La Boheme – WNO

Having recently been introduced to Jonathan Larson’s musical Rent, I was really intrigued to see a performance of its original source material. La Boheme is currently being performed by the Welsh National Opera (WNO) as part of their ‘Love’s Poisoned Chalice’ season. Set here on the eve of the First World War, it is essentially a love story between down-on-his-luck poet Rodolfo and his next door neighbour, a seamstress called Mimi. However, as is evident from the season’s title, those first passions of love do not necessarily last.

As soon as the curtain rises on this WNO production, the most striking thing for me is the enclosed nature of the set. We begin in the bedsit of Rodolfo and his three bohemian chums – Marcello, Schaunard and Colline. The mirrored walls either side make for an intimate setting. The presence of a battered chair, blanket and disused stove immediately convey the penniless existence of these four friends. They even have to resort to burning Rodolfo’s manuscript to get some heat, the smell of which, being seated in the front row, hits your nose sharply. The lighting too is used to brilliant effect, creating a dinghy and rather dank atmosphere. This becomes much more beautifully subtle however, with a gorgeously purple tinge, when Mimi first visits Rodolfo to ask for some light when her candle burns out. What follows is a gorgeously intimate scene, complete with a wistful and dreamy score as the two become ever more romantically inclined.

I believe that the best orchestral performances that accompany live-action theatre are those in which the music and onstage action blend together so seamlessly that you forget that the accompanying score is live. This was exactly my experience whilst watching La Boheme. Manlio Benzi does a brilliant job in conducting his team of musicians to produce a very emotive and atmospheric score. This has the effect of drawing out even further the already passionate performances of the lead actors. Marina Costa-Jackson, in particular, is on sparkling form as Mimi. Hers is an impassioned and heartfelt performance. She creates such beautiful harmonies alongside Dominik Chenes (Rodolfo). The two are a delight to listen to, and to watch.

The most captivating part of this production for me has to be the atmospheric projections which, although composed of the most basic of graphics, nevertheless produce some stunning backdrops. The snowfall directly after the interval is captivating, and helps to produce a thoroughly bleak and heartbreaking scene. It sets up perfectly the fractures that have appeared in Rodolfo and Mimi’s relationship; it reflects the desperately ill health of Mimi herself.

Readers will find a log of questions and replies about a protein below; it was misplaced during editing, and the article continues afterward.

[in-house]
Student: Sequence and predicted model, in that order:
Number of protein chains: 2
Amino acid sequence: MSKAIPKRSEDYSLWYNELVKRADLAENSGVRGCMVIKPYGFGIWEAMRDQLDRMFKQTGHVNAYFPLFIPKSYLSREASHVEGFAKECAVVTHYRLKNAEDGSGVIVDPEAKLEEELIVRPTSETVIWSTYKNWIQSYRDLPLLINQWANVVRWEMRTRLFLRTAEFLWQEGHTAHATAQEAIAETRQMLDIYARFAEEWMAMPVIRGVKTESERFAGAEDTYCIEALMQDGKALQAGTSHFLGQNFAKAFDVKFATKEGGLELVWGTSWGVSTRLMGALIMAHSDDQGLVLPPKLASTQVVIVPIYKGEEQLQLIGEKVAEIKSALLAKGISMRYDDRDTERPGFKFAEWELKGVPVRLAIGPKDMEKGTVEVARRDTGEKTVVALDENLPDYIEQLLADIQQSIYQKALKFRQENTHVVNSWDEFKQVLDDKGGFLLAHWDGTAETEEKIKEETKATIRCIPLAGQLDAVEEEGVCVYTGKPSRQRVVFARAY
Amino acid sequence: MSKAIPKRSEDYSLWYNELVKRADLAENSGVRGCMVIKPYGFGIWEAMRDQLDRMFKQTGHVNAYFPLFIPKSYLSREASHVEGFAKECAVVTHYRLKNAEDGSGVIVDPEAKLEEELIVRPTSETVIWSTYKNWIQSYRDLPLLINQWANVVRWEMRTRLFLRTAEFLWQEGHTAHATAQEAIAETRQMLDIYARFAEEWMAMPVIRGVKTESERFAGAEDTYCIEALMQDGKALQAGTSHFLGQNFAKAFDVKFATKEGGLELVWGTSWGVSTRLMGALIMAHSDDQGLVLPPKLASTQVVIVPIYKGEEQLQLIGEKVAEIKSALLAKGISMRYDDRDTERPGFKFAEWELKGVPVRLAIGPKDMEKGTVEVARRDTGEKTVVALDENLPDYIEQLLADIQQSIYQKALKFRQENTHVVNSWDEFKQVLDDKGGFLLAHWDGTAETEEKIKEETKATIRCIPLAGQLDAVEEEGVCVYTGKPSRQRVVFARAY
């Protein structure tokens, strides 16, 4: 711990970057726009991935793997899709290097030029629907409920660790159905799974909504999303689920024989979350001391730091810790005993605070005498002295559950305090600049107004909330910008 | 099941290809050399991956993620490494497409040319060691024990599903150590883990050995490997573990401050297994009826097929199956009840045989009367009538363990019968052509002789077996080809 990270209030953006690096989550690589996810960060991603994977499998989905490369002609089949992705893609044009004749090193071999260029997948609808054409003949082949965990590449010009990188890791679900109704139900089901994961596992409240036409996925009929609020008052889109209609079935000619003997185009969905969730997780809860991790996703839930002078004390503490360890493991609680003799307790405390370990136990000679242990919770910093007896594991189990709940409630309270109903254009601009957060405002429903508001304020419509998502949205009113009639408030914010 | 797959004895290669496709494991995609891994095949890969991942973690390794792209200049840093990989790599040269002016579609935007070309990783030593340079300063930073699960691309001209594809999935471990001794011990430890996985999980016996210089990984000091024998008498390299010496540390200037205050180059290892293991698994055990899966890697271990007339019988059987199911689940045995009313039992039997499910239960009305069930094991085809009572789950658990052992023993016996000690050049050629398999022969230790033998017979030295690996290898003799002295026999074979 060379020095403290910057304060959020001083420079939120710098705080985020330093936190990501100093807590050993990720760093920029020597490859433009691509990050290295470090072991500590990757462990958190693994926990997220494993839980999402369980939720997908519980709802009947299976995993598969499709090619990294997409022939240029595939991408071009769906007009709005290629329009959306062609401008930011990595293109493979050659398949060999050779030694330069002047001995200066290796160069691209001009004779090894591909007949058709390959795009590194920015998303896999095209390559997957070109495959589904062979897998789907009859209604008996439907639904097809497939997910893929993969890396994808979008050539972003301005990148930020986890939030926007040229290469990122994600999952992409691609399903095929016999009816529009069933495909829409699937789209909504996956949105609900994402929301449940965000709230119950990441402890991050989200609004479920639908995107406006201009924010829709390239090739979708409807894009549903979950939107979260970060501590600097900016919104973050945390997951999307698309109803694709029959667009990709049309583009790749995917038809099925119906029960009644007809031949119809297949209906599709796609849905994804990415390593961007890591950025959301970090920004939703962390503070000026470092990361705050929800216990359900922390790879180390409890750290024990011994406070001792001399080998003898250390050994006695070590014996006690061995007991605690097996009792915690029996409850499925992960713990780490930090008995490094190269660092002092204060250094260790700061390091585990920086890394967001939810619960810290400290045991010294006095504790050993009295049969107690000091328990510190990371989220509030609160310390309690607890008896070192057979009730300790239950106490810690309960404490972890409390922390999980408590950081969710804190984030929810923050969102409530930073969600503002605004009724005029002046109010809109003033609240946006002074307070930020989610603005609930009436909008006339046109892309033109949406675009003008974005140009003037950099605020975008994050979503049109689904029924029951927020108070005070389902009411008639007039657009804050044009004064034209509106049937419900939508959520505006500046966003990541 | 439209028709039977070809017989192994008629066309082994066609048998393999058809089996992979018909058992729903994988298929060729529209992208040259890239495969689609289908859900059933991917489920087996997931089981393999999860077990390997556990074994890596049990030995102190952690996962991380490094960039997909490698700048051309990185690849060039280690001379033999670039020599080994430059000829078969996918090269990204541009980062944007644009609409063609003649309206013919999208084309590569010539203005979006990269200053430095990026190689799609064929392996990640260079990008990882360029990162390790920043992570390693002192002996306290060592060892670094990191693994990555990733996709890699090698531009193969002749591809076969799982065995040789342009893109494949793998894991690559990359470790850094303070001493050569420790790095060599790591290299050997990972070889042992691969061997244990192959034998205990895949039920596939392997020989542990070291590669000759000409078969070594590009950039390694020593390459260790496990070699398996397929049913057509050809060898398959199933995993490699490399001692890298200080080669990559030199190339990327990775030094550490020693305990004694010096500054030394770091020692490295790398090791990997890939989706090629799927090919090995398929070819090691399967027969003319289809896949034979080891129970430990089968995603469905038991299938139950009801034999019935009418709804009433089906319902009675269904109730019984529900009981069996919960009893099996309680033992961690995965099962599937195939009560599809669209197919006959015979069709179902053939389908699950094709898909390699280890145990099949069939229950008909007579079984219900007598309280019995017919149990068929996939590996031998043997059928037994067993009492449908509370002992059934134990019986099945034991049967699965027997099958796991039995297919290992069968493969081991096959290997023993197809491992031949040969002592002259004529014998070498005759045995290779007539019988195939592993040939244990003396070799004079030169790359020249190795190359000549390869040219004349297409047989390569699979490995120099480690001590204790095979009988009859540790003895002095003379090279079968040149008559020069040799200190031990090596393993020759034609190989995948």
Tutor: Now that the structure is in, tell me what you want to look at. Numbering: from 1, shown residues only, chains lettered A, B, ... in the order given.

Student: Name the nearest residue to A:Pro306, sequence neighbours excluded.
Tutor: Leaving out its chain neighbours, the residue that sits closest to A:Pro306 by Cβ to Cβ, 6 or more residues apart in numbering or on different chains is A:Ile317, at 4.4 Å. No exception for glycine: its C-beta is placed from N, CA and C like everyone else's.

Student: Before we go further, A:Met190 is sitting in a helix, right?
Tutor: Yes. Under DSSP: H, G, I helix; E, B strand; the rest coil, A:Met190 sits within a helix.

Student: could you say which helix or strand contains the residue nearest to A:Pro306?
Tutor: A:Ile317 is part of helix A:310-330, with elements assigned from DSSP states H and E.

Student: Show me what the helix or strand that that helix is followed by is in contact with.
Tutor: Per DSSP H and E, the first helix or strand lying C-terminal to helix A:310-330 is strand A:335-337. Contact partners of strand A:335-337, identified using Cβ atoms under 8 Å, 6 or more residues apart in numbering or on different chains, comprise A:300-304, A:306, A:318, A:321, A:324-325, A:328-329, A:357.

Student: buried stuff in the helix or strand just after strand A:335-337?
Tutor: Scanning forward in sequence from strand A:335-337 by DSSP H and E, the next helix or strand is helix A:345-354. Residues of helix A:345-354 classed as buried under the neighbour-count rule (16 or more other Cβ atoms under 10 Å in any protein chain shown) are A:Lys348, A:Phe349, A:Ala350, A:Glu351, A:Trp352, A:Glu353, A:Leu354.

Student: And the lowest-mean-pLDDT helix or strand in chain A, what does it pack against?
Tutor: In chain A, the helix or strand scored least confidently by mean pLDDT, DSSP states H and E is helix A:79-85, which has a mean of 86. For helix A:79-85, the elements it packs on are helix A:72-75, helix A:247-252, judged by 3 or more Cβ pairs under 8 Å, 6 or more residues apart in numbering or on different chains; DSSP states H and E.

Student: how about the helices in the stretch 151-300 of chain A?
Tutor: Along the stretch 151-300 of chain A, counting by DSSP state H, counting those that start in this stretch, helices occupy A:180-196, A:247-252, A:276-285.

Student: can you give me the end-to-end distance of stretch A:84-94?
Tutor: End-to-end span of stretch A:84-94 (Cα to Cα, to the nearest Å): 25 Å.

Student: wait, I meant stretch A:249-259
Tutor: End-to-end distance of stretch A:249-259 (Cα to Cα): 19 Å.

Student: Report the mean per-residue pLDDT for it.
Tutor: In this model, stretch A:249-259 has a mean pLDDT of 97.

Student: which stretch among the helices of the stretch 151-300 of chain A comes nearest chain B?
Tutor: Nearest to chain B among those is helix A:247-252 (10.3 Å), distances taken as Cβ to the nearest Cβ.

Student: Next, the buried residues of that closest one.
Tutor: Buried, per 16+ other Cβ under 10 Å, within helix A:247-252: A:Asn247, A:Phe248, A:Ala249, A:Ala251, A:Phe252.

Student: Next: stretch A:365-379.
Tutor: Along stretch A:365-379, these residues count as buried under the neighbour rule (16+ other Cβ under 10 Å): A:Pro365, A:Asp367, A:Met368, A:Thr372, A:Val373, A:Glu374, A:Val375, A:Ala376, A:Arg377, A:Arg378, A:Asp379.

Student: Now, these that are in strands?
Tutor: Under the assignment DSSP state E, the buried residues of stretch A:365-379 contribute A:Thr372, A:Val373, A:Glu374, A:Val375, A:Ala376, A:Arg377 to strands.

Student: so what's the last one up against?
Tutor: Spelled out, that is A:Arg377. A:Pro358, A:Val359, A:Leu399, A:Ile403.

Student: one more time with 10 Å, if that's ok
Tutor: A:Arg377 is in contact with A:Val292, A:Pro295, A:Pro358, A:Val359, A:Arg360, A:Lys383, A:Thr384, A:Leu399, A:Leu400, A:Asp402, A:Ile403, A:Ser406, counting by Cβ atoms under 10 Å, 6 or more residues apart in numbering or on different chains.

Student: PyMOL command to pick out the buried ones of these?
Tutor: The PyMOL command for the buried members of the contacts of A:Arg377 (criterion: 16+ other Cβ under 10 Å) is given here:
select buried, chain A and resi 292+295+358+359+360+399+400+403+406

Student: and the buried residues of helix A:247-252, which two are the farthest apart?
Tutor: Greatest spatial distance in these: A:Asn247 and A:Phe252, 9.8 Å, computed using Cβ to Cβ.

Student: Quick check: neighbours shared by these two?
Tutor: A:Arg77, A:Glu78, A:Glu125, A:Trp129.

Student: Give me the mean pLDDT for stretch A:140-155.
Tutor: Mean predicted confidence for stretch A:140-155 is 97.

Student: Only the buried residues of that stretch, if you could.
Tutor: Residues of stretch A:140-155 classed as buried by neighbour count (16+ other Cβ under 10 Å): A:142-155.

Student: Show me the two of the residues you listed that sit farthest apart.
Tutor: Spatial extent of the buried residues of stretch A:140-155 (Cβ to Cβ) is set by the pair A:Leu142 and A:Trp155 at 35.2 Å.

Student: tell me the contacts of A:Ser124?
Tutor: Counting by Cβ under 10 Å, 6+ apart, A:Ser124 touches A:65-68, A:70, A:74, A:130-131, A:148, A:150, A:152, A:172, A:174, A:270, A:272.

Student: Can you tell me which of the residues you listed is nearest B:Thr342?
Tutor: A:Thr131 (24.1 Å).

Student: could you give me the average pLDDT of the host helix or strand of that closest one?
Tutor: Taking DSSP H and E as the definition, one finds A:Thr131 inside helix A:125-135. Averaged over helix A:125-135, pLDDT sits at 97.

La Boheme has a much more sombre and sad ending than Larson’s interpretation. There are similar themes surrounding love and money; tropes which appear familiar and, as such, one can make connections to – the use of candles, for instance. What strikes me most however, is how relevant the original appears to be, even as it reaches beyond its 100th birthday. It still has something very relevant to say without the need for a contemporary remake. It is perhaps why it remains so enduringly popular, evident in a packed out auditorium that was full of praise for this excellent production.

WNO have succeeded again in bringing an enjoyable and captivating opera to the Venue Cymru stage. If you have seen Rent, I would definitely recommend watching its original incarnation. If not, I can think of no better place to start than with this version of La Boheme. You might just appreciate Larson’s version all the more as a result.

Performed at Venue Cymru, Llandudno, North Wales, as part of WNO’s Spring 2017 season.

Featured Image (C) WNO

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